Nirvana The Ultimate Goal


A transcendent state in which there is neither suffering, desire, nor sense of self, and the subject is released from the effects of karma and samsara. It represents the final goal of Buddhism. Relinquishing what you once considered significant, be it your desires or your accomplishments. In essence, setting free from restrictions be it, social, political or personal. It involves detaching oneself from all attachments and attaining a heightened state. This ultimate state is the state of highest happiness. Though it may sound contradictory, juxtaposing detachment and happiness, it is the bottom line, because it focuses on your innerself and requires you to free yourself from all the temporal fleeting bouts of happiness or so called desires to attain a true sense of fulfillment. All this sounds deep when you just glance at it, but in reality, it is simple and yet a profound learning.

A simple Wikipedia definition, puts the whole concept into picture –

Nirvana is an ancient Sanskrit term used in Indian religions to describe the profound peace of mind that is acquired with moksha (liberation). In shramanic thought, it is the state of being free from suffering. In Hindu philosophy, it is union with the Brahman (Supreme Being). The word literally means “blown out” (as in a candle) and refers, in the Buddhist context, to the imperturbable stillness of mind after the fires of desire, aversion, and delusion have been finally extinguished.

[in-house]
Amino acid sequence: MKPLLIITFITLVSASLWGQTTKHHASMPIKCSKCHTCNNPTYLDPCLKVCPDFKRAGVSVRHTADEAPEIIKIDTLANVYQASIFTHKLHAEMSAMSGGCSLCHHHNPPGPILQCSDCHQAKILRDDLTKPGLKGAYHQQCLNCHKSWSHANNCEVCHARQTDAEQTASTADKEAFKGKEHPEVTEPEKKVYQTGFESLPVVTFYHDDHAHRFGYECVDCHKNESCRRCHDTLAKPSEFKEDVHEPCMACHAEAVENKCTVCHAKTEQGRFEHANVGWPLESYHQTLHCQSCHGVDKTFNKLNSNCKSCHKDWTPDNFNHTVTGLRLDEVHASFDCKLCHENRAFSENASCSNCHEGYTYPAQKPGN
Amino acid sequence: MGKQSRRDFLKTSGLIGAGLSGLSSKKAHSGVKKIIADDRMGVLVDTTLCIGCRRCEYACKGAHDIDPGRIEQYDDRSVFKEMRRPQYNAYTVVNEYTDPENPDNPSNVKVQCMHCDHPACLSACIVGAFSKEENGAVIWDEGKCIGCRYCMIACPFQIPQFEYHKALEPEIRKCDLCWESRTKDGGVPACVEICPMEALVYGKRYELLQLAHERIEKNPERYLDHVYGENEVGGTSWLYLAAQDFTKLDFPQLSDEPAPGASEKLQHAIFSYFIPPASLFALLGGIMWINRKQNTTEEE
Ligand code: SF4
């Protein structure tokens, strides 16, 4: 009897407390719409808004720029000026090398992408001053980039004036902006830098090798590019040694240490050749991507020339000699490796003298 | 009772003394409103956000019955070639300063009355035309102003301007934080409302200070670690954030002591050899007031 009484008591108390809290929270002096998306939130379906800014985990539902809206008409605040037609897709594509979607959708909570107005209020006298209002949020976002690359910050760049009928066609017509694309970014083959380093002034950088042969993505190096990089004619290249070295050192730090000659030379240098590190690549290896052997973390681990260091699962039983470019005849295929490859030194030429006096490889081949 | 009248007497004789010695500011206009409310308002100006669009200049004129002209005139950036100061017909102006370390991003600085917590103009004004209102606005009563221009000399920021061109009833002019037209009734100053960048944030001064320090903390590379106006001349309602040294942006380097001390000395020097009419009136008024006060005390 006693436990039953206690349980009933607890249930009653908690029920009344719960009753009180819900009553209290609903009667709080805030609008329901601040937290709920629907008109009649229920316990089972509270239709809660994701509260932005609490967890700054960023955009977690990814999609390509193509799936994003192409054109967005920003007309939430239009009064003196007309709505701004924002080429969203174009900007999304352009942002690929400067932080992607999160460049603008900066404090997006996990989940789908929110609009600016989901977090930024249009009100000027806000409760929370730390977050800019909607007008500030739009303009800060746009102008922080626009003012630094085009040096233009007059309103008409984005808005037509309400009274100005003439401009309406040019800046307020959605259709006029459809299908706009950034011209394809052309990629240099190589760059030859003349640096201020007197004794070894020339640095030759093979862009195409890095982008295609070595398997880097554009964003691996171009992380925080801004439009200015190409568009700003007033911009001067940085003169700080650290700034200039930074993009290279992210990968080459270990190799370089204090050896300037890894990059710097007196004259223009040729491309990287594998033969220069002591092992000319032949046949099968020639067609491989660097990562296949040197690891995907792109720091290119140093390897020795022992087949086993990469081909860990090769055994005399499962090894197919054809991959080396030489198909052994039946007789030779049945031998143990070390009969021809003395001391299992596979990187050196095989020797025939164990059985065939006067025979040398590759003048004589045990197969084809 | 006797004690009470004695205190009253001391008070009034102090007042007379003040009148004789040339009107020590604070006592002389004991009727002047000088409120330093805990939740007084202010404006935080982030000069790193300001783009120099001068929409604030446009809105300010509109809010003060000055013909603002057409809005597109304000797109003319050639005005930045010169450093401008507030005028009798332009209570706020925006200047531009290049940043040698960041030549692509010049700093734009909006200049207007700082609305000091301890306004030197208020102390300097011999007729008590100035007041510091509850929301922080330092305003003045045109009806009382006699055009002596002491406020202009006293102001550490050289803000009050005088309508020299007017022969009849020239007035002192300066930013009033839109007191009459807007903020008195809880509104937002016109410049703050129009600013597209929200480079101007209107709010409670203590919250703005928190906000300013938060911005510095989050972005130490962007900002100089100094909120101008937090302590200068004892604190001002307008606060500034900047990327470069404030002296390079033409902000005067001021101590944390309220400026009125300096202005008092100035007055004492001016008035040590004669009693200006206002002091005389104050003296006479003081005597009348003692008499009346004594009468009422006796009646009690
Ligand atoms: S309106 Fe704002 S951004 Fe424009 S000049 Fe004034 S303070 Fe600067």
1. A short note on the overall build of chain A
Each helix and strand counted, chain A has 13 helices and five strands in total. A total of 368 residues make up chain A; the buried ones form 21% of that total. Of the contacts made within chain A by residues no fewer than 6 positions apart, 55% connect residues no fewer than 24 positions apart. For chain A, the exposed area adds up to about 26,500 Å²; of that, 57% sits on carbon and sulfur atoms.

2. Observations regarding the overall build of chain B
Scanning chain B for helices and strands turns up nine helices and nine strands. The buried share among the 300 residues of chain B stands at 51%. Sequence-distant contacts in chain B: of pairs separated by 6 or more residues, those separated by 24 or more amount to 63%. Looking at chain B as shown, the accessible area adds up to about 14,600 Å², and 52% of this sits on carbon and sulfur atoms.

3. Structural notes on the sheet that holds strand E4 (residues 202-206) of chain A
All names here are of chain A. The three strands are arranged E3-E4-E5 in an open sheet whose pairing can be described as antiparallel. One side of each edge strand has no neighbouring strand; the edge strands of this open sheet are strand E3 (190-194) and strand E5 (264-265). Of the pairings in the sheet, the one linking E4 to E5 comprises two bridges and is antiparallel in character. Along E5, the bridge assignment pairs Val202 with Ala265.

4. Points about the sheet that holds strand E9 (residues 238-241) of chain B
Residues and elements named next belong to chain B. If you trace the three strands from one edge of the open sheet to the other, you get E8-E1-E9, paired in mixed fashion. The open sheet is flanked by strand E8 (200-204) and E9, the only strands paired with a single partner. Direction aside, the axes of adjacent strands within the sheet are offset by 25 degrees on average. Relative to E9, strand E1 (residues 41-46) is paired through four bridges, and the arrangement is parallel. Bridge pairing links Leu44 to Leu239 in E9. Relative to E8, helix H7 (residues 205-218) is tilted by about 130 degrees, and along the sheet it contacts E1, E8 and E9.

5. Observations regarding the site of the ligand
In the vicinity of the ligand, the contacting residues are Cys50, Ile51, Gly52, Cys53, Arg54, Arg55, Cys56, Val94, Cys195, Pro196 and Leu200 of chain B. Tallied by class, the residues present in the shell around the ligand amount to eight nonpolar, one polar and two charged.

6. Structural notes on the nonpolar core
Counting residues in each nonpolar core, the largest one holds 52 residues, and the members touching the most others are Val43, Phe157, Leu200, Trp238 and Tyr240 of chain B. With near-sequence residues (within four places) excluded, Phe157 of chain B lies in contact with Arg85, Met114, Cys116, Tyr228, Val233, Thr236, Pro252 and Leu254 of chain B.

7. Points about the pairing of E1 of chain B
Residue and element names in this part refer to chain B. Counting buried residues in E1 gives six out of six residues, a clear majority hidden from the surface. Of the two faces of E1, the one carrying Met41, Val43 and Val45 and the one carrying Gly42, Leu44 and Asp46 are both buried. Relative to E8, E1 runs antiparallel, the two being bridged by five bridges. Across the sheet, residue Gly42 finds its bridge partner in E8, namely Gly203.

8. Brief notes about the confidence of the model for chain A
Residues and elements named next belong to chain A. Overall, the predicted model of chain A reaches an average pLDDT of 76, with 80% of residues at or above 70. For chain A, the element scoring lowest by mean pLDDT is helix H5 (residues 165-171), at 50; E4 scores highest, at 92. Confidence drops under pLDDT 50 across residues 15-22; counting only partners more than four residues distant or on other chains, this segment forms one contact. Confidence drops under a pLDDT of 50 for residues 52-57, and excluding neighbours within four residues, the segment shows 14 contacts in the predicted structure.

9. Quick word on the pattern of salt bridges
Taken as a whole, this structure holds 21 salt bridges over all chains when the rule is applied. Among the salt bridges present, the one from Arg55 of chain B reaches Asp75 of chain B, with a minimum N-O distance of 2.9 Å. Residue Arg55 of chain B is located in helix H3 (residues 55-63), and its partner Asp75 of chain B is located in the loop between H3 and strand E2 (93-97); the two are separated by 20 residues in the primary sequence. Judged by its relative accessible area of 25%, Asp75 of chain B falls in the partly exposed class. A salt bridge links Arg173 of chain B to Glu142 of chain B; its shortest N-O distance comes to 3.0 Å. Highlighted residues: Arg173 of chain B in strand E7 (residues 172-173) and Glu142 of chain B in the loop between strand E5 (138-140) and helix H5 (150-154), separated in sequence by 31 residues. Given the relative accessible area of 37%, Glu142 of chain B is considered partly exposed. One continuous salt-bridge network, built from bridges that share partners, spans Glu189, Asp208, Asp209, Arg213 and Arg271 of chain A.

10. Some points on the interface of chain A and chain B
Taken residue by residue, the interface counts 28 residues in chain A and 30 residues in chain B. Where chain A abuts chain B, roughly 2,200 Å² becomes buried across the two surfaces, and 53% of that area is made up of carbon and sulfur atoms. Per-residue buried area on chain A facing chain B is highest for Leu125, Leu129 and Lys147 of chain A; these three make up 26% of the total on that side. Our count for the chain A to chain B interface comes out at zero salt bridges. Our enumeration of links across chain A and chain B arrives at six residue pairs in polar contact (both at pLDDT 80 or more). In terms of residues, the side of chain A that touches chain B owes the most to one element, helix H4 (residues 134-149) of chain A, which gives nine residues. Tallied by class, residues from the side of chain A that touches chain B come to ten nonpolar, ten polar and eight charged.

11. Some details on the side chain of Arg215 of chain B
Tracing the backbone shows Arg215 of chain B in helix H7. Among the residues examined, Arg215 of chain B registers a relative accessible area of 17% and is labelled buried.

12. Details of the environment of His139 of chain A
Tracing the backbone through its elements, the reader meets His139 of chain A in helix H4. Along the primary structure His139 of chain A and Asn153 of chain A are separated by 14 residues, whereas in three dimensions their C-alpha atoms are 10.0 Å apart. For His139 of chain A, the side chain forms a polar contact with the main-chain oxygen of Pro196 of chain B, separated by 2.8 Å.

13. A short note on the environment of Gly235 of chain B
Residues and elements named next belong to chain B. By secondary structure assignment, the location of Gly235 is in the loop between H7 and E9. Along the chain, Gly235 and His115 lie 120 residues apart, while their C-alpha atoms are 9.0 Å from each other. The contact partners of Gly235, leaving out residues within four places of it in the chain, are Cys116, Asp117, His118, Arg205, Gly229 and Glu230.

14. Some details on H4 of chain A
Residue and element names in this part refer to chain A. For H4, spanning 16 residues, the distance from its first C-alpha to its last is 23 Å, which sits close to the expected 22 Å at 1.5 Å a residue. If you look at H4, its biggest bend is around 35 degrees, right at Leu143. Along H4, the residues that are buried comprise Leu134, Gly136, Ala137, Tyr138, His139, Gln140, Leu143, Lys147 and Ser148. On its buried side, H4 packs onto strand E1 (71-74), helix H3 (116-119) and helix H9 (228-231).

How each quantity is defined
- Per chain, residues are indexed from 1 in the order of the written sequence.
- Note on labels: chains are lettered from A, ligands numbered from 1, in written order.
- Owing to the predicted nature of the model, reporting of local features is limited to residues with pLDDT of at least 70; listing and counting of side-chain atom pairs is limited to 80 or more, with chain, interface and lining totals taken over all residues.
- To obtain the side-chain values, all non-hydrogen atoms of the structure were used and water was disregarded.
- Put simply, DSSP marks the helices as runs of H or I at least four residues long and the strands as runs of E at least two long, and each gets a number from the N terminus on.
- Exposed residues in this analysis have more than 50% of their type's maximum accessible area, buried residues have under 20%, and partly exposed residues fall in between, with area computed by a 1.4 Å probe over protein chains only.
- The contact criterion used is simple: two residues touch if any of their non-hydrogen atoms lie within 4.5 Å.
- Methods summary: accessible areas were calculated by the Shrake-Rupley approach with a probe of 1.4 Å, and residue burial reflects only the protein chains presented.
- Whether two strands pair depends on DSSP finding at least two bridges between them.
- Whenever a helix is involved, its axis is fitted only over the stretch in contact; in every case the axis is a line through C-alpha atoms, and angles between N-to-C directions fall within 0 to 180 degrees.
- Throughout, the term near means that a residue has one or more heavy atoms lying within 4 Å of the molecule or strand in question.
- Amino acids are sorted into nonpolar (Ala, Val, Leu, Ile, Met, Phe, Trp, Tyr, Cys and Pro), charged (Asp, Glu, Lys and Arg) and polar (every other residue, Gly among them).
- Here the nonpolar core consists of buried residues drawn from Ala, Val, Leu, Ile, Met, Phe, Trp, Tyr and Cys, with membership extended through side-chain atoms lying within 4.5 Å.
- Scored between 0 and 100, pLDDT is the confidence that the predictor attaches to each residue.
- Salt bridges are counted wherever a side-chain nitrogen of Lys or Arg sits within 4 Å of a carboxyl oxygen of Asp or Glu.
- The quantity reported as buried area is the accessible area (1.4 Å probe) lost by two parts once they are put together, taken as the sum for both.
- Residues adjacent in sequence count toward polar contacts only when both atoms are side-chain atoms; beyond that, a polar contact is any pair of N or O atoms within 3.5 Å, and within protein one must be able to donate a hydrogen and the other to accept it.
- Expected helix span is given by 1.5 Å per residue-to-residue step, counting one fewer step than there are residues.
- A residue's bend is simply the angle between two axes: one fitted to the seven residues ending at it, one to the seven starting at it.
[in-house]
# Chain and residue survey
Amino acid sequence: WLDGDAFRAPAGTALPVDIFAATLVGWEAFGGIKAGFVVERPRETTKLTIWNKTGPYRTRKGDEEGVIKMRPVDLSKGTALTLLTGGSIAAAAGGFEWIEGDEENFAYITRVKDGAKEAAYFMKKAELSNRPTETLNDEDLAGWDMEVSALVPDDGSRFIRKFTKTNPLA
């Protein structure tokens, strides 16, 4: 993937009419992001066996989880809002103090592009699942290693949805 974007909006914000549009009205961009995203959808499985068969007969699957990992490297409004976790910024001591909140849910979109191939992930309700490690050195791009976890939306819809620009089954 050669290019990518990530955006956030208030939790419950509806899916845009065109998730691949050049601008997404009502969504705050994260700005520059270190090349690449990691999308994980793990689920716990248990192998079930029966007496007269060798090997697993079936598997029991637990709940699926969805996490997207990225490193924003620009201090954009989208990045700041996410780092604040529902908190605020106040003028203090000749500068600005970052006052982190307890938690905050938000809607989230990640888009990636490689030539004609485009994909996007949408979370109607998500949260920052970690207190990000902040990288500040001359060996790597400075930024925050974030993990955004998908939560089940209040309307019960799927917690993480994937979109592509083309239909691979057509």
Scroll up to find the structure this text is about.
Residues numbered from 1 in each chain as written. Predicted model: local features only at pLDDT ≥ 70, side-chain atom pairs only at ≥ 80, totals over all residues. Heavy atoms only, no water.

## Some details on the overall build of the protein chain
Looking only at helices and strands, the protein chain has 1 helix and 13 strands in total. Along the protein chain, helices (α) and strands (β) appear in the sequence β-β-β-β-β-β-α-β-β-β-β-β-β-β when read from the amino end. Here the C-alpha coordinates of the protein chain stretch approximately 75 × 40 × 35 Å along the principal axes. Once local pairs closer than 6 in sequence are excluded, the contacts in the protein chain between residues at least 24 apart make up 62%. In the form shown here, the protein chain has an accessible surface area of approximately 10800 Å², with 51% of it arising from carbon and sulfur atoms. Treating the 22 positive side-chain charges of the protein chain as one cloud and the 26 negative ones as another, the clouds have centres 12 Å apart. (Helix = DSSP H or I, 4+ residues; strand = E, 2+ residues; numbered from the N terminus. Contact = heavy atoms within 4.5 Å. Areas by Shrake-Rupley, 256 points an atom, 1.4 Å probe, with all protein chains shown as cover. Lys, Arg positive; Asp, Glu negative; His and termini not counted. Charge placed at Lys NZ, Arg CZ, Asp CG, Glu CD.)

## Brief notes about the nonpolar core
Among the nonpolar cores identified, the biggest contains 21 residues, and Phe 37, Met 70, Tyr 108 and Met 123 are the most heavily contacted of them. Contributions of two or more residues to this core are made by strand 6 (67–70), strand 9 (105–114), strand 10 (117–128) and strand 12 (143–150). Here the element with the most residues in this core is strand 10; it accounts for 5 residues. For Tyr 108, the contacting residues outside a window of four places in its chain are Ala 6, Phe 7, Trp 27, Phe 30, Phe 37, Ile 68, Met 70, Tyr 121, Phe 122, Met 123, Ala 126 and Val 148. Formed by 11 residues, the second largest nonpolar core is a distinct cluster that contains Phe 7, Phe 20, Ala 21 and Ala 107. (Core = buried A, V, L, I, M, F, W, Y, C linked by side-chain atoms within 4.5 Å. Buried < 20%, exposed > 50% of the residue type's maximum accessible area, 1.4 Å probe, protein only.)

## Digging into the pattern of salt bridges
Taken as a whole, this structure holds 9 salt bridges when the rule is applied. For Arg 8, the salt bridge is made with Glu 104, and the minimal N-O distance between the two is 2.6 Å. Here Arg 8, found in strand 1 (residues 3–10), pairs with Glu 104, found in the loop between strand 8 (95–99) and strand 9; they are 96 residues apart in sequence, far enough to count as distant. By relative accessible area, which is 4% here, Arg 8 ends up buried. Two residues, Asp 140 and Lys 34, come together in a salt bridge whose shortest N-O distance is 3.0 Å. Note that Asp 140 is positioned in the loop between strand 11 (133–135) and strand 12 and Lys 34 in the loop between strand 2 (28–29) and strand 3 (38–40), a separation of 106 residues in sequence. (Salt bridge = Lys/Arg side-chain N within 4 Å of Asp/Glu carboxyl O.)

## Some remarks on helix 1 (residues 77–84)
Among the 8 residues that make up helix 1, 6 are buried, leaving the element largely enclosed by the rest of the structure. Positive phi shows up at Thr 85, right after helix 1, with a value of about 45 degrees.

We all have our own dispositions, which are preformed notions, biases, opinions all which form our belief system, which defines our personality and character. These life influencing elements are imposed upon us often externally, many a times without consideration. Our most important life phases are affected by them and our critical decisions are based on them. They may or may not be wrong just as they may or may not pose a harmful outcome in the future.

So, basically abandoning things that matter, to understand your true self and identify things that should matter. After all that is happiness, a state of mind not contingent upon anything.

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